Q: He told you that basically?
.....A: To the best of my knowledge. I can't remember his exact words.
Q: You described the people to him?
.....A: No, sir. I didn't.
Q: How did you describe them to him?
.....A: Vietnamese. VC
Q: Which?
.....A: Either one. I don't know, sir.
Q: You don't know how you described them?
.....A: In that area, I could have used either term.
Q: Do you know if there were women in that group?
.....A: No, sir.
Q: Do you know if there were children in that group?
.....A: No, sir.
Q: Do you know if there were men in that group?
.....A: No, sir.
Q: What did he say?
.....A: He told me to give -- to get rid of the people and get moving.
.....* * *
Q: [by Prosecutor] * * *
.....A: * * * I saw Conti trying to molest a female, sexually molest a female.
[Question for Students: Is this conduct relevant to the degree of danger Charlie Company was in at the time?]

Q: [by Prosecutor] * * *
.....A: I went up to him and told him to stop what he was doing and get over where he was supposed to be at, sir.
Q: Did he pull up his pants?
.....A: Yes, sir. I would imagine he would. He would look kind of funny if he hadn't.
Q: Did you see him pull up his pants?
.....A: I didn't notice, no, sir. I wasn't paying attention to whether he had his pants up or down. I f he wanted to go around like that, that was his business.
Q: You weren't concerned with whether he was stopped or not?
.....A: Well, I stopped him, sir.
Q: D id he pull up his pants?
.....A: I don't know, sir. I didn't stand there to see if he pulled up his pants.
Q: How do you know if he stopped?
.....A: Because he released the girl's hair.
[Question for Students: Does this testimony suggest Calley's state of mind? How would it help the defense?]

.....* * *
Q: How long did you fire into the ditch?
.....A: I have no idea, sir.
Q: How many shots did you fire?
.....A: Six to eight, sir.
Q: One burst or semi-automatic?
.....A: Semi-automatic, sir.
Q: Who did you fire at?
.....A: Into the ditch, sir.
Q: What at in the ditch?
.....A: At the people in the ditch, sir.
.....* * *
Q: Did you search him [a Vietnamese man in the ditch] for any weapons?
.....A: No sir.
Q: Had you directed that any of those people be searched?
.....A: No, sir.
....* * *
Q: Why didn't you direct that they be searched?
.....A: I feel much more secure in that situation not to search them, sir, or get that close to them. If a man made a move, you can defend yourself and get out of the way rather than bend down to try to search him if he pulls a grenade.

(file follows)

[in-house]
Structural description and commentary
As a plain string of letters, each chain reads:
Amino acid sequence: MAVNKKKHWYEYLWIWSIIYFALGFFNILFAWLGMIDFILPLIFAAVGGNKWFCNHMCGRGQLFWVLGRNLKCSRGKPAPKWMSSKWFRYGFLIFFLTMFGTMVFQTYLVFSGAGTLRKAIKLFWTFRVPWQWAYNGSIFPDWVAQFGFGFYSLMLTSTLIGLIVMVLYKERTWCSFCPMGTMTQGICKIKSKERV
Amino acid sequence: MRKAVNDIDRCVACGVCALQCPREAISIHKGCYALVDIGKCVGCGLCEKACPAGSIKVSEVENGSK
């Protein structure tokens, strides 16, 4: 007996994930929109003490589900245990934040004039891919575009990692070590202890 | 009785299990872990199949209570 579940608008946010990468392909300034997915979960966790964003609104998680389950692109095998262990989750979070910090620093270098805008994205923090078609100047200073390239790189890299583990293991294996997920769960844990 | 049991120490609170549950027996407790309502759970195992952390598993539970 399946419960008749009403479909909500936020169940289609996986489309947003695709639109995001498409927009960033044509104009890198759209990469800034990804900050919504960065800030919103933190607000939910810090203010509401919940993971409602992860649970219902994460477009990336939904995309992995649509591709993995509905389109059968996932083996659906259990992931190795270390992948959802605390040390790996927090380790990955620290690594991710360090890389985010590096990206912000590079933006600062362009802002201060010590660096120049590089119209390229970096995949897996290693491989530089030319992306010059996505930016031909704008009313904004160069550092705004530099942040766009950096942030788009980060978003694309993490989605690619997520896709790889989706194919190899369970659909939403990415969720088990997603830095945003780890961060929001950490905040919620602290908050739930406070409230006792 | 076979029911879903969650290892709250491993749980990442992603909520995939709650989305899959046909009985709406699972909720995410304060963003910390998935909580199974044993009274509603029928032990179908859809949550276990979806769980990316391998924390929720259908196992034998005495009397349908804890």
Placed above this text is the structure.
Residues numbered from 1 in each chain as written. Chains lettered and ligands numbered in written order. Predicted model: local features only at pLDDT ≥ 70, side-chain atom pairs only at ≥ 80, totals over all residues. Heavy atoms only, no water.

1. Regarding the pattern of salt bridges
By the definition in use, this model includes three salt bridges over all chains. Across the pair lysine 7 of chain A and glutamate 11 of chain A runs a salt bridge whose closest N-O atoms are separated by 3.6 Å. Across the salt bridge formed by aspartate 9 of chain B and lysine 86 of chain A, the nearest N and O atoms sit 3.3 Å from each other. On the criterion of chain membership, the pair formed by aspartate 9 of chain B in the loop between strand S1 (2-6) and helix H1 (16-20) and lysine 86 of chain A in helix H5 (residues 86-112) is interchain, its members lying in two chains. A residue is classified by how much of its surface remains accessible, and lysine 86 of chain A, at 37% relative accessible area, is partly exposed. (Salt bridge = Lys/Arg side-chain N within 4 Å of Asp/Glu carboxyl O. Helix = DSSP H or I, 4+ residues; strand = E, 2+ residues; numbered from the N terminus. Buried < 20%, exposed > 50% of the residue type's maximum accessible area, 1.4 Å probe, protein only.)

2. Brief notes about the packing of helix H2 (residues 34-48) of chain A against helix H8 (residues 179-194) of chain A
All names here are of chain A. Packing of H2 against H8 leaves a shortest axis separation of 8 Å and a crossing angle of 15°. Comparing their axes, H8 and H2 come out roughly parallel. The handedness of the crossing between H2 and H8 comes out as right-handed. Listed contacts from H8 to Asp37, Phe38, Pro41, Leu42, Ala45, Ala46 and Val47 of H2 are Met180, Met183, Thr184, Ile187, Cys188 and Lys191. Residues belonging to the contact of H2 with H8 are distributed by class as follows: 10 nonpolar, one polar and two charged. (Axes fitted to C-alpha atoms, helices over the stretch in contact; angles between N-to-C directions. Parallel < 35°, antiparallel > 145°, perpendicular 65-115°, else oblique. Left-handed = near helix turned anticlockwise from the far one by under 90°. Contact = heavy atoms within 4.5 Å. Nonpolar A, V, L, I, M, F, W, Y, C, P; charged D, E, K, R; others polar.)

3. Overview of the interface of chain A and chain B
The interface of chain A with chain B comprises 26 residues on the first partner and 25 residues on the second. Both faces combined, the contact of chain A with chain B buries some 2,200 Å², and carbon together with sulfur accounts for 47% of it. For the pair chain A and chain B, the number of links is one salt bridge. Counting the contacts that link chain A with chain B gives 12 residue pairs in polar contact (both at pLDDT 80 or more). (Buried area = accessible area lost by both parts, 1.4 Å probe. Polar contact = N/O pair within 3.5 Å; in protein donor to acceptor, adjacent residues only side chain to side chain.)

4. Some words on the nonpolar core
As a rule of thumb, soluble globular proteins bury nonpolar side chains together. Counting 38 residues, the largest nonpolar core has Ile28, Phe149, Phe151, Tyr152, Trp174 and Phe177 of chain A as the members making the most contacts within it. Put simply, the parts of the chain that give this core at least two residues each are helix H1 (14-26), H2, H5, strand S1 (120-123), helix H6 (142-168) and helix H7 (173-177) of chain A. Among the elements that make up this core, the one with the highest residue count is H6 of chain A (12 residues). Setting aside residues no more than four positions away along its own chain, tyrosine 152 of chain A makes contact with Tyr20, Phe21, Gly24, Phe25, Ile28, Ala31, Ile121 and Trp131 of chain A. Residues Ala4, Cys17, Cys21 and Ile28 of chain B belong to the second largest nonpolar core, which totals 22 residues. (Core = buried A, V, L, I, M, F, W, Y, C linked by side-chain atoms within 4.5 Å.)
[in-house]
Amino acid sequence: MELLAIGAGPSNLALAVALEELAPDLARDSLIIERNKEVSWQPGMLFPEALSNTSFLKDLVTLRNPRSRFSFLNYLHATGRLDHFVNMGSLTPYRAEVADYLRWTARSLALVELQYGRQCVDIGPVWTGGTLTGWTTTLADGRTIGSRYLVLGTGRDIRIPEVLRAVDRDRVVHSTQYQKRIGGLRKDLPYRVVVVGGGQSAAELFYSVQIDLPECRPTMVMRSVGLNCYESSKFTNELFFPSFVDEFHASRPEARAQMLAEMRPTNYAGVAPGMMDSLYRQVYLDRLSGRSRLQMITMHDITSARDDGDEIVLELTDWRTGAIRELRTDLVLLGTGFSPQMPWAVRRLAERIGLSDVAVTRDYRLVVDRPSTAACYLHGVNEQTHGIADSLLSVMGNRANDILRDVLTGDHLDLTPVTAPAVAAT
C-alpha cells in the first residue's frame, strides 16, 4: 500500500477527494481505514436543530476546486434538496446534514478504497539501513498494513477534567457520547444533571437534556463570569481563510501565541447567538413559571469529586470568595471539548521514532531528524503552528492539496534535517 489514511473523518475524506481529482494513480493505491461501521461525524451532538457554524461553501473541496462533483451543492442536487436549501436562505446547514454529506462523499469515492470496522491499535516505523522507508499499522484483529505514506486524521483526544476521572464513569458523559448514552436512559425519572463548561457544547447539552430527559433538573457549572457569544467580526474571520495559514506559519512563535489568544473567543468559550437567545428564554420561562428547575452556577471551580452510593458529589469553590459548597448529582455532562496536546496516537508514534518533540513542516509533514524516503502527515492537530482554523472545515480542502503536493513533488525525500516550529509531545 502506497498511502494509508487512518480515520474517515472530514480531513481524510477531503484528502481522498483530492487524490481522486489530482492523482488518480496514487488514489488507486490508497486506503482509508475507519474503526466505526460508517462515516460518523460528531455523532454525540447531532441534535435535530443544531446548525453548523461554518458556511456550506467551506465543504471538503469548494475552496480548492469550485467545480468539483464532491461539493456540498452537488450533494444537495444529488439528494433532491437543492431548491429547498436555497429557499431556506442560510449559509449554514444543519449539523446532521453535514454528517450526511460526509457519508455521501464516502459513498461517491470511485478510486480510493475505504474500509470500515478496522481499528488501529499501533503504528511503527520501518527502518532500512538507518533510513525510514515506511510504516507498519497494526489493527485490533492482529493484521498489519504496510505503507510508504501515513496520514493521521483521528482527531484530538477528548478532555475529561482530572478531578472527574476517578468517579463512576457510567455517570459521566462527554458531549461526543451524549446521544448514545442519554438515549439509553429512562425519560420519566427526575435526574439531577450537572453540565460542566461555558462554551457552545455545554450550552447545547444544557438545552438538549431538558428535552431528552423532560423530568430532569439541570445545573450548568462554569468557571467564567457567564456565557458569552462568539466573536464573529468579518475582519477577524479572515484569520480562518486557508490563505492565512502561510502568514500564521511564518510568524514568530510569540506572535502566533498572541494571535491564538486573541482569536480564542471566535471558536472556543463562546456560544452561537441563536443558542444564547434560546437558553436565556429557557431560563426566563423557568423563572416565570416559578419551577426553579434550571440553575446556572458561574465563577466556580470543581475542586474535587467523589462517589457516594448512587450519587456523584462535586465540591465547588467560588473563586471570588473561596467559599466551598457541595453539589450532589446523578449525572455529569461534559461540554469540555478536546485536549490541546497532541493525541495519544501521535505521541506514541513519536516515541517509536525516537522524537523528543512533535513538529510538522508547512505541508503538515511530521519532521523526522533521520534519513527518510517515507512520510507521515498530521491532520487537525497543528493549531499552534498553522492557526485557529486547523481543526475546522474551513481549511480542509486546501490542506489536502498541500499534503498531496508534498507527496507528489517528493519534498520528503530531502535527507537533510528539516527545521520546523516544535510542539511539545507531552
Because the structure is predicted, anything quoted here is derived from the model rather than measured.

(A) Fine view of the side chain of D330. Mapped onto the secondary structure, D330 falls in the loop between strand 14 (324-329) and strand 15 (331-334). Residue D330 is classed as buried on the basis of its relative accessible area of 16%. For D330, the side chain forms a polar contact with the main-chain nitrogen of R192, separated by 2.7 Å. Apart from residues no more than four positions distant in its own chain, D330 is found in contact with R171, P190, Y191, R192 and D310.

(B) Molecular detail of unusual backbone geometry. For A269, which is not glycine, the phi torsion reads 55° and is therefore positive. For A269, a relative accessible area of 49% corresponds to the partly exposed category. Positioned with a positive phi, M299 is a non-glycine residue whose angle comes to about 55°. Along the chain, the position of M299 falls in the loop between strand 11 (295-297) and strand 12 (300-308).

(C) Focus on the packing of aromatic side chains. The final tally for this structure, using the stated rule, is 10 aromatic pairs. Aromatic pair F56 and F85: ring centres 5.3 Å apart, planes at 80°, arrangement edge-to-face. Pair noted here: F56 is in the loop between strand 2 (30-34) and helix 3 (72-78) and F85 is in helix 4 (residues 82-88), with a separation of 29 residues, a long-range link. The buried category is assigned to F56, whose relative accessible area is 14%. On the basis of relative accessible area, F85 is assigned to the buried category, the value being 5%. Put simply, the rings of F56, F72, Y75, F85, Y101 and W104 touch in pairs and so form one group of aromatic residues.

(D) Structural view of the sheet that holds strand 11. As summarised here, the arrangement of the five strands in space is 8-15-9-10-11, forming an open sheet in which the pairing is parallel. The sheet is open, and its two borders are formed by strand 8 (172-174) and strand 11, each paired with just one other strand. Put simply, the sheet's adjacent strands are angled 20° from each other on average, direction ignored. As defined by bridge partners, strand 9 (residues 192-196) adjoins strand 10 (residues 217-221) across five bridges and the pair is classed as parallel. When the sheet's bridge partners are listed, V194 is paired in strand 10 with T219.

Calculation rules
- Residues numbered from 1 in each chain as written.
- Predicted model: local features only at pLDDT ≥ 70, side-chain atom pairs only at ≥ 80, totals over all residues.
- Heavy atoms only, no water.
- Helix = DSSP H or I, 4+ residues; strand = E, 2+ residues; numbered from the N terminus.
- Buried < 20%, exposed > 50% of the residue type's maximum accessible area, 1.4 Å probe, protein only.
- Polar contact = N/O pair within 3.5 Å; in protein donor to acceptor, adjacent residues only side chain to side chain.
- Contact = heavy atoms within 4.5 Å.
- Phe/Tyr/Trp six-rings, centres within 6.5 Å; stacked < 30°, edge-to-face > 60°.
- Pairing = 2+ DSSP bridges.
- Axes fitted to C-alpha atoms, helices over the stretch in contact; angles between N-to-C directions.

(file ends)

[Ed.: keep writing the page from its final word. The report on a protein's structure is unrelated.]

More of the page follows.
.....* * *
Q: Would you have taken them prisoner?
.....A: I don't know, sir.
.....* * *
Q: How did you know if he could arrive at a body count of your area?
.....A: Because he would have a better idea of what sort of body count he would want to put in than I would, sir.
Q: Just any body count? Just any body count, is that what you are saying?
.....A: Basically, yes, sir.
Q: Captain Medina could just put any body count that he wanted to put?
.....A: Any body count that was reasonable. I would imagine he would put the highest acceptable body count that he could.
Q: Did you have any other conversation with him?
.....A: No, sir. We continued on that discussion for quite some time.
Q: Could you relate the remainder of that discussion?
.....A: After he had given the body count and called it in, we were getting ready to split up and start moving again, and higher called Captain Medina, called back and asked what percentage of that was civilians, that they had a report there was a high amount of civilians in the village, sir.
[Question for Students: Why is the Prosecutor pressing Calley on this point?]

.....* * *
Q: Did you tell Captain Medina that you had shot the people in the ditch?
.....A: Yes, sir. I did.
Q: Did he ask any facts about that?
.....A: No, sir.
Q: How did you tell him about it?
.....A: He asked--well, after the higher [authorities] called back and asked--said it had been reported that a lot of civilians were killed in the area, he wanted to know what the percentage of civilians was.
Q: What did you tell him?
.....A: I told him he would have to make that decision, sir.
.....* * *
Q: Did you tell him the circumstances under which they had been shot?
.....A: No, sir. Why should I? He knew what -- the circumstances they were shot under, sir.
Q: How did he know?
.....A: Because he had told me to shoot them, sir.
....* * *
Q: Did he ask for a weapons count?
.....A: Yes, sir.
Q: What did you tell him for that?
.....A: Zero that I had, sir.
....* * *
Q: Did you testify that you received any order before you left LZ-Dotti to save some of them for the mine field?
.....A: Yes, sir, I did.
Q: Why didn't you save some up for the mine field?
.....A: Captain Medina rescinded that order and told me to waste them, sir.
Q: When did he rescind that order?
.....A: When he called me on the radio, when he was in the eastern part of the village, sir.
Q: Did he specifically tell you to disregard the previous order?
.....A: No, sir. He said those people were slowing me down, waste them, sir.

Court Witness Captain Ernest Medina
Questions asked by Judge Kennedy:
Q: Let me ask you, were there any questions asked of you at that briefing?
.....A: Yes, sir.
Q: Do you recall what they were?
.....A: Yes, sir. One of the questions that was asked of me at the briefing was, "Do we kill women and children?"